Image default

Deadly silence?

It is now proven that the genocide in Rwanda was meticulously planned. The German embassy in Kigali also had knowledge of pogroms and massacres at the time. Contemporary witnesses accuse Germany of ignorance, disinterest and inaction.

Pascal Bataringaya sits on the terrace of an apartment in Kigali. Under his jacket he wears a pink shirt with a collar. Today Bataringaya is the chairman of the Presbyterian Church of Rwanda.

30 years ago he was a member of the church choir led by the German pastor Jörg Zimmermann in Rwanda's capital. He often discussed Rwandan politics with him and the tense mood in the country.

The atrocities were announced

“A genocide doesn't just fall out of the sky. Something like that is on the horizon,” says Bataringaya. He remembers extremist Hutu militias who, starting in 1993, increasingly moved unbridled through the capital Kigali, setting up roadblocks and attacking Tutsi – even leading to massacres.

The Protestant pastor Jörg Zimmermann can still see these demonstrations of power by the militias, the Interahamwe. Everyone knew they were killing Tutsi, he says. “Anyone who says it wasn't clear to me, I don't know where their mind was. That was clear.”

The German embassy in Kigali didn't seem to understand this. In a letter to the Foreign Office dated March 21, 1993, she described the Interahamwe militias, who later played a key role in the genocide, as merely young party supporters. This is proven by files.

Misjudgments and false reviews

“One misjudgment among many,” says political scientist Anton Peez. He works at the Peace and Research Institute and the Goethe University Frankfurt and in 2021 he already dealt with the role of German foreign policy in Rwanda in the early 1990s.

Peez pays particular attention to the report of a human rights alliance from the beginning of 1993. In it, the threshold to genocide was specifically discussed. The Foreign Office in Bonn requested an assessment from the German embassy. On February 2, 1993 the embassy wrote:

The blanket accusations of 'genocide' and 'war crimes' could refer to the acts of violence committed against the Tutsi. The crimes committed against the Tutsi ethnic group certainly do not reach the extent implied by the word 'genocide', namely the destruction of an entire people.

However, on April 7, 1994, it became clear that these allegations were not made out of thin air. The night before, Rwandan President Juvénal Habyarimana's plane was shot down, and then the killings began.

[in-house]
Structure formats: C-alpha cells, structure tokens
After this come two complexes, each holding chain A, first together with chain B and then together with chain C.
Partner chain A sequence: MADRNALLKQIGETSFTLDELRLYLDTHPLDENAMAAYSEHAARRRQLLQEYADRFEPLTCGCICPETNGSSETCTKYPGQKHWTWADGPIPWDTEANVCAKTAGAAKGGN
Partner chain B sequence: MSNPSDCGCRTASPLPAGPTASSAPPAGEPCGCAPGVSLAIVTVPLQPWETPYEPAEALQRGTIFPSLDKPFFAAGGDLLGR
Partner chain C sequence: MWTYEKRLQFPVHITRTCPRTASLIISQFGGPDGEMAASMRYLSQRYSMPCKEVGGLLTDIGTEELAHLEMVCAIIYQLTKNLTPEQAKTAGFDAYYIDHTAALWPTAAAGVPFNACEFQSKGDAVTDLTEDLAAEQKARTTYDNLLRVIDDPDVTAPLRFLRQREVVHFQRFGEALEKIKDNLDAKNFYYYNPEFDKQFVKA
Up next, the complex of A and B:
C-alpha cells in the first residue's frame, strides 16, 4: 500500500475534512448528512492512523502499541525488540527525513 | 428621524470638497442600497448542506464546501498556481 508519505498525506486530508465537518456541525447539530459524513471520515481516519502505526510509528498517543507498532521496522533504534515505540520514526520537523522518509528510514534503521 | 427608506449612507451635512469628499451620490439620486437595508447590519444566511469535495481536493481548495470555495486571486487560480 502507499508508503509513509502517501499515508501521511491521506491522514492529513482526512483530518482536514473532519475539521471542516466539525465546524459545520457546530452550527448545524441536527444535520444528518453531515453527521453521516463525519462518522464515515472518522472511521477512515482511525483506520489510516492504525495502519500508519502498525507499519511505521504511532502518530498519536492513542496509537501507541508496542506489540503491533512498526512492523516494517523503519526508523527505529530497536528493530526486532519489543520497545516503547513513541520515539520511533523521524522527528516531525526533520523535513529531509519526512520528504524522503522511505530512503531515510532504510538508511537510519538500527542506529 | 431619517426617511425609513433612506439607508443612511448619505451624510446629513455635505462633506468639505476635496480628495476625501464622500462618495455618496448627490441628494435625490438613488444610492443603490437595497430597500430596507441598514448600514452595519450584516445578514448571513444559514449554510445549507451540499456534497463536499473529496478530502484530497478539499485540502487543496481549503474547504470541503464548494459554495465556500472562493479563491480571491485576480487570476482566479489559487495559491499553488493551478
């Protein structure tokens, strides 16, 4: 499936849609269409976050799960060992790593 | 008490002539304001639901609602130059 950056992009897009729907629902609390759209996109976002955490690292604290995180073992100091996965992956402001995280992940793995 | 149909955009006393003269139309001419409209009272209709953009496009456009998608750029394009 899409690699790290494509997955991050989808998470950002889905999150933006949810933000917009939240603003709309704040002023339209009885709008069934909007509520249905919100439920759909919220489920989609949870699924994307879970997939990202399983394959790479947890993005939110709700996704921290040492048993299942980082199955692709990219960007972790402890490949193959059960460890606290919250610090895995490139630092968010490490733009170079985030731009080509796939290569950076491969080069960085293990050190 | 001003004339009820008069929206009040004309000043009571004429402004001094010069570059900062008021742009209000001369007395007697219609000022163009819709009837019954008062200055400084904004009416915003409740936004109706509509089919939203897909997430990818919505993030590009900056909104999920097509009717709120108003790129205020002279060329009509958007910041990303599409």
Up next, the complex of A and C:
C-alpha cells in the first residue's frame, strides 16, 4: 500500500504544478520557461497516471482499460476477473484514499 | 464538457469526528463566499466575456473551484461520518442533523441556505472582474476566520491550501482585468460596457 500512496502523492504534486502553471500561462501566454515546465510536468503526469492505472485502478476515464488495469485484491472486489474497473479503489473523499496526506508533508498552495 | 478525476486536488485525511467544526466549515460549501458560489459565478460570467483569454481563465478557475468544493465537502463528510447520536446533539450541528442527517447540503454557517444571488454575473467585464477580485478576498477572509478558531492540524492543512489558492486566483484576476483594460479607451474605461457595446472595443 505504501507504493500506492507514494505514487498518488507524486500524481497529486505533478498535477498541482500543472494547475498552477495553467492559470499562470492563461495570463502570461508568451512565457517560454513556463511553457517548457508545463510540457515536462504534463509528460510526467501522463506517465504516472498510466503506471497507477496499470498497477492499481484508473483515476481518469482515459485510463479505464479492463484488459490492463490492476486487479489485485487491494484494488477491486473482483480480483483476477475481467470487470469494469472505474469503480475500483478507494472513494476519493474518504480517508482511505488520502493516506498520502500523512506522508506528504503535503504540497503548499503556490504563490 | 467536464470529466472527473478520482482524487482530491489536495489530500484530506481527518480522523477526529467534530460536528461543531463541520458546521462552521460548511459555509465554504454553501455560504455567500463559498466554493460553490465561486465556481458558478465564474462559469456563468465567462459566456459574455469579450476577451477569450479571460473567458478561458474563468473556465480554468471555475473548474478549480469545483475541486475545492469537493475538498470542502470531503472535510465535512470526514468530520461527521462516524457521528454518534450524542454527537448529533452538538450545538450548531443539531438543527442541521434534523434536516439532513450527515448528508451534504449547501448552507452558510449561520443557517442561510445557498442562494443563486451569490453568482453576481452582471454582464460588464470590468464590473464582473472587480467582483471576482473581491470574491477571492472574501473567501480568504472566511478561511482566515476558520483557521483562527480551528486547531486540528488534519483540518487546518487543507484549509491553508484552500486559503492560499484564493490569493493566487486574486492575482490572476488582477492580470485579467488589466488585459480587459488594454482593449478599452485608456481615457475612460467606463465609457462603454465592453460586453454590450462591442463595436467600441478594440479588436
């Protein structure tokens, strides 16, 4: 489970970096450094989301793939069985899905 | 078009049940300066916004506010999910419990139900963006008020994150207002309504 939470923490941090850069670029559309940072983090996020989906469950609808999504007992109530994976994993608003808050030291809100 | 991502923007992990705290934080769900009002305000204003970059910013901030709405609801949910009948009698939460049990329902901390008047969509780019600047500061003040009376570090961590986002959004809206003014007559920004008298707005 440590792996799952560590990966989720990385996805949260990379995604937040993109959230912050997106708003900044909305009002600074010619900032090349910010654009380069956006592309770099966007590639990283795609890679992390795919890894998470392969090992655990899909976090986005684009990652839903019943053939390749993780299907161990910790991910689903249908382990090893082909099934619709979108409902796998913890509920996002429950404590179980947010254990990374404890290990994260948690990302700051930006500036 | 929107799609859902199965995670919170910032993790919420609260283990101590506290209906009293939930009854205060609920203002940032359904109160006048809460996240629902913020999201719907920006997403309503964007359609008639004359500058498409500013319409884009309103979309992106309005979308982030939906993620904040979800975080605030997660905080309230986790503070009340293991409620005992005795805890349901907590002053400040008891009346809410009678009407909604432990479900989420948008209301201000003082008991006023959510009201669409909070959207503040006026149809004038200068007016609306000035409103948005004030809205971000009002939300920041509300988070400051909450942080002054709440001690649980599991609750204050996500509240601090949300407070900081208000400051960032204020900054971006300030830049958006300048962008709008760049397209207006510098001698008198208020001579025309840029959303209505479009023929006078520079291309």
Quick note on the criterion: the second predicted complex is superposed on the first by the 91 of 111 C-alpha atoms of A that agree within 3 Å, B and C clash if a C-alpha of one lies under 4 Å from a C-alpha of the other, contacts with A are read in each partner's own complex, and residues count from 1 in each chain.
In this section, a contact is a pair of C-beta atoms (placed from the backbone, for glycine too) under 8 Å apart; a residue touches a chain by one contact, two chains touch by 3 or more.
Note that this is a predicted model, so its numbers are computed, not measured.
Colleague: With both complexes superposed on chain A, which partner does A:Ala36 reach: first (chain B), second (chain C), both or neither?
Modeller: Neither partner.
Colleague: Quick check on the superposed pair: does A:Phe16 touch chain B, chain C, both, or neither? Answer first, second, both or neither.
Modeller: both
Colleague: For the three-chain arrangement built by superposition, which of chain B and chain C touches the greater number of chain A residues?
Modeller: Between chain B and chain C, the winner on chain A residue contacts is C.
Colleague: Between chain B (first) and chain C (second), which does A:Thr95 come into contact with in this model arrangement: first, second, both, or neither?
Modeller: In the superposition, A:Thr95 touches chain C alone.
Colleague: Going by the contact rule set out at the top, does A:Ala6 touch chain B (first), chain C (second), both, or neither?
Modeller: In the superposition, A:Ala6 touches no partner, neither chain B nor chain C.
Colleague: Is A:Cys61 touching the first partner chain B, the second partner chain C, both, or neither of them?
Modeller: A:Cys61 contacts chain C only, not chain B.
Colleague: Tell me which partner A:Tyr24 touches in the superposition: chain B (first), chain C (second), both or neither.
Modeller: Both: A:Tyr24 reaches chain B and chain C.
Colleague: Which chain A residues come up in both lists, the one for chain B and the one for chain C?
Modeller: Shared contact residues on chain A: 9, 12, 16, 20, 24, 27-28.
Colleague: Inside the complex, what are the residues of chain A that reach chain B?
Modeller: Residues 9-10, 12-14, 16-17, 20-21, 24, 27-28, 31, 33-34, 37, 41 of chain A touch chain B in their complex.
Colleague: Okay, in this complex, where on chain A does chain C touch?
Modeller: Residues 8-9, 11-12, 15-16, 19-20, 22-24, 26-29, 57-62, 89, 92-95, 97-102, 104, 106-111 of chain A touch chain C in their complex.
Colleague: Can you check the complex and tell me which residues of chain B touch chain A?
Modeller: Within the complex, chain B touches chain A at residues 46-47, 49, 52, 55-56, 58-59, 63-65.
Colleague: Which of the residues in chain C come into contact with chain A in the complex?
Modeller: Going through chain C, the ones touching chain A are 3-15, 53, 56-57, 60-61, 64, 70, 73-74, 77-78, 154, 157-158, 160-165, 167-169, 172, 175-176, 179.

The Protestant pastor Zimmermann heard the bang. The next morning he learned of the president's death. It was clear to him that all Tutsi and opposition members were in mortal danger. He expected massacres and pogroms. “I never imagined what happened next in my worst nightmares.”

Almost a million people were brutally slaughtered in just 100 days. And the global community was watching. She could have reacted before the genocide. The facts were on the table. Also in the German embassy in Kigali and in the Foreign Office in Bonn.

Germany would have had leverage

Compared to other countries such as the former colonial power Belgium or France, whose government maintained close ties to the genocide regime, Germany did not play a central role before the genocide in Rwanda. Nevertheless, the country was one of the largest donors of development aid.

Political scientist Peez points out that countries like Canada had already cut their budget for development cooperation in 1992 – in response to the dramatic deterioration of the human rights situation in Rwanda.

The Foreign Office files, however, show that Germany was still negotiating with Rwanda about new development aid at the end of 1993. And the files also show failures elsewhere: disputes between the Foreign Office, the Ministry for Development Cooperation and the Ministry of Defense. No agreement, too few agreements, says Peez.

The federal government experienced something similar in Afghanistan in 2021. There too, warnings were not taken seriously for a long time. Cooperation between the ministries was poor, according to the study commission report.

To date, no independent review

The Foreign Office explains that the instruments for crisis prevention have been significantly expanded in recent years and that “lessons learned” have always been incorporated. In 2017, the federal government created an interdepartmental overall concept for dealing with international crises and armed conflicts.

The Foreign Office is open to an independent review of the role of German foreign policy, but a commission has not yet been set up. 30 years after the genocide against the Tutsi in Rwanda, Germany's role has only been partially researched.

On the terrace in Kigali, Pascal Bataringaya harshly criticizes Germany. Based on its own history, Germany should have understood that something was brewing. And the responsibility for “never again,” says the Rwandan, should have driven Germany to action.

You can hear more about this topic in ARD radio feature “Deadly Silence” in the ARD audio library.

SR, tagesschau, April 5th, 2024 3:48 p.m

Related posts

Leave a Comment

* By using this form you agree with the storage and handling of your data by this website.